Frigid schools lead to heated Baltimore City Public School Board meeting

Baltimore, Md. (WMAR) -

Tuesday was the first Baltimore City Public School Board meeting since pictures and stories started surfacing of children and staff trying to learn in classrooms with temperatures around 40 degrees.

ABC 2 has been following the developing story since it started last week, and at Tuesday's meeting, the anger and frustration reached a boiling point.

Hundreds of people came out filling up the main room, an extra room, and the lobby with some even being escorted out when tempers flared.

Our children are trying to learn in an environment of a third world country," said one teacher who talked at the podium.

The heating issues weren't on the agenda for this school board meeting, but it quickly dominated the conversation.

"The heating crisis clearly shows our children that they are not our top priority in this city," said a parent.

Some teachers saying the heating problems are something that the district has known about for a long time.

“This heating situation isn't new,” said one of the teachers who spoke. “It's out of sight to the general public and has become one of the many unacceptable norms to those who are in the schools daily."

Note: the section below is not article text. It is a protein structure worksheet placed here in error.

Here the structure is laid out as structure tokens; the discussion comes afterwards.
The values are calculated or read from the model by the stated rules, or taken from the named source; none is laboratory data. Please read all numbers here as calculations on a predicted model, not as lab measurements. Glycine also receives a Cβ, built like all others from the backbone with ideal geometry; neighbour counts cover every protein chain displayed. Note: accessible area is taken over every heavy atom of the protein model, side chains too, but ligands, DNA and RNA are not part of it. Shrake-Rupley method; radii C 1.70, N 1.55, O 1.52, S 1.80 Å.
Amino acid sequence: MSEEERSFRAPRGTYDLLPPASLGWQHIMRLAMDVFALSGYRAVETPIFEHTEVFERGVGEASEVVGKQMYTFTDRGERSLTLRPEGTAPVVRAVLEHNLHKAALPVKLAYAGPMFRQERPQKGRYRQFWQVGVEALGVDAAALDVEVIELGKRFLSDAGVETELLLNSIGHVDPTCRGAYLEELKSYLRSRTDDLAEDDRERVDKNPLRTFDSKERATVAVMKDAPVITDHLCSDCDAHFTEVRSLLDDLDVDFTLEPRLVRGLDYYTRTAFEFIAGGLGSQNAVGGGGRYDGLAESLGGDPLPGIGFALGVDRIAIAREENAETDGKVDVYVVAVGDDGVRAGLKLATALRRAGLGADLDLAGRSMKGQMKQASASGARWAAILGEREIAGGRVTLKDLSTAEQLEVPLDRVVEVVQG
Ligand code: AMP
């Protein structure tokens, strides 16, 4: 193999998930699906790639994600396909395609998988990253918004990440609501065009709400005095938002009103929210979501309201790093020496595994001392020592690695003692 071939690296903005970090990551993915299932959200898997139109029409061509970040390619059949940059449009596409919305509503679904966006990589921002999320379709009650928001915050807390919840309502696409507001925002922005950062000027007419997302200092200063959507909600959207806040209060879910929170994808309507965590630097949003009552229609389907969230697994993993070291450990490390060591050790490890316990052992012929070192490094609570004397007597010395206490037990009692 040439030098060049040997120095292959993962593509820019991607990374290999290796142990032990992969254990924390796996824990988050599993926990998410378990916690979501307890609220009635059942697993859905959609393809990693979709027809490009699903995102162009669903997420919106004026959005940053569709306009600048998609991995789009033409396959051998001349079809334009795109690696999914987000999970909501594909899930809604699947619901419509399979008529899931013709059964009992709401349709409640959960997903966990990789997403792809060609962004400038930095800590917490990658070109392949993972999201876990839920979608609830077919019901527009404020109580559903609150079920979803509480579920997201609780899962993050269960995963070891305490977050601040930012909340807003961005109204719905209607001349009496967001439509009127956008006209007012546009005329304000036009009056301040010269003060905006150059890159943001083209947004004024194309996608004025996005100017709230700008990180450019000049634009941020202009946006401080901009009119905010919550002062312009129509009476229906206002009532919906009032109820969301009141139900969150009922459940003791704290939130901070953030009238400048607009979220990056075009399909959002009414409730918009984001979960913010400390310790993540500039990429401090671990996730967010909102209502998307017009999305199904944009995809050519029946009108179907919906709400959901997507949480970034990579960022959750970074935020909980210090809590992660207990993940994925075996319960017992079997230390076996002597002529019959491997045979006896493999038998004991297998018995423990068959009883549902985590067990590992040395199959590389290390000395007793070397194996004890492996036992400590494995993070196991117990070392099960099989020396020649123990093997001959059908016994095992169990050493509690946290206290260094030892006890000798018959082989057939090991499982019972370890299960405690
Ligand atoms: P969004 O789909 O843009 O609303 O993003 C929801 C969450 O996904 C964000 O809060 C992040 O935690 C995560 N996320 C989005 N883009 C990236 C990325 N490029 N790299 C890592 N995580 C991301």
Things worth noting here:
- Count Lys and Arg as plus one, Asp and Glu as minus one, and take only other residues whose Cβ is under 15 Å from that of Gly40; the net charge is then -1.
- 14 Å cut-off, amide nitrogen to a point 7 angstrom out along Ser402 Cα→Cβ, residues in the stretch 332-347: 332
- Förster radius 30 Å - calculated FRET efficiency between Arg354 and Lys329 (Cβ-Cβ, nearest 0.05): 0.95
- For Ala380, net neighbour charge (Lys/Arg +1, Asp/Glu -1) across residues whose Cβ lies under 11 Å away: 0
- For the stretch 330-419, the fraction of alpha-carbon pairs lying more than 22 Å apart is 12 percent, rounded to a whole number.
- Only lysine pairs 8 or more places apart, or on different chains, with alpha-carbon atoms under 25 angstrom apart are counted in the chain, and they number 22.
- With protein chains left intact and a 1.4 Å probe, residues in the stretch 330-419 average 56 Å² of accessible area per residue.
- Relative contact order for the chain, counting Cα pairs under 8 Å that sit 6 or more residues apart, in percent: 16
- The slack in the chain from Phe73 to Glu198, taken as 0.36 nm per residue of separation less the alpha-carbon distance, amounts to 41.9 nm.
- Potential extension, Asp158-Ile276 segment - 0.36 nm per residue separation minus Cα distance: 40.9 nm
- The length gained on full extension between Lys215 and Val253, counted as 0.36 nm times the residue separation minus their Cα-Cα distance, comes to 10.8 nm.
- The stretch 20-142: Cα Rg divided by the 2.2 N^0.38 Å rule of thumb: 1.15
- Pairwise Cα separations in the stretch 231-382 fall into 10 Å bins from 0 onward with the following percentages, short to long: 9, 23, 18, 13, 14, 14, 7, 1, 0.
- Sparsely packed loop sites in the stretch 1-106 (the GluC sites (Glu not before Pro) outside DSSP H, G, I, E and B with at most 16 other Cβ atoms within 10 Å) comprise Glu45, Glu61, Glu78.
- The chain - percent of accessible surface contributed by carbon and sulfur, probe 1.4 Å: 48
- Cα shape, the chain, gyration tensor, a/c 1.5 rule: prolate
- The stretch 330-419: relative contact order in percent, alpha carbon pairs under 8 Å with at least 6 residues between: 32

Only one student talked, and he commended the school board's efforts while being constantly interrupted by adult members of the crowd.

"I feel like Baltimore City has handled it correctly," said Josh Lynn, a Baltimore City Public Schools student.

Some parents felt that more could have been done to fix the problems.

"Our children, the children who are defenseless, not only defenseless but are being prevented access to one of the greatest weapons they will ever have in this lifetime, the weapon of knowledge and empowerment through education,” said a teacher.

Mayor Catherine Pugh got involved, working with the district to close schools immediately if they’re too cold and open recreation centers near the closed schools to help feed the children.

Governor Hogan pledged $2.5 million dollars to help with the problems.

Aaron Maybin, a Matthew Henson Elementary School Art Teacher who has been vocal about the issues the area faces said it’s not enough.

"Of course, it's not enough,” said Maybin. “Just because the systems are running again doesn't mean that they're not still old and crumbling with the rest of the infrastructure in our schools."

The outpouring of passion prompted the school district to call for a Town Hall meeting to talk to people about the issues.

It will be Monday, January 22 from 6:00 p.m. to 8:00 p.m. at Paul Laurence Dunbar High School located at 1400 Orleans Street.

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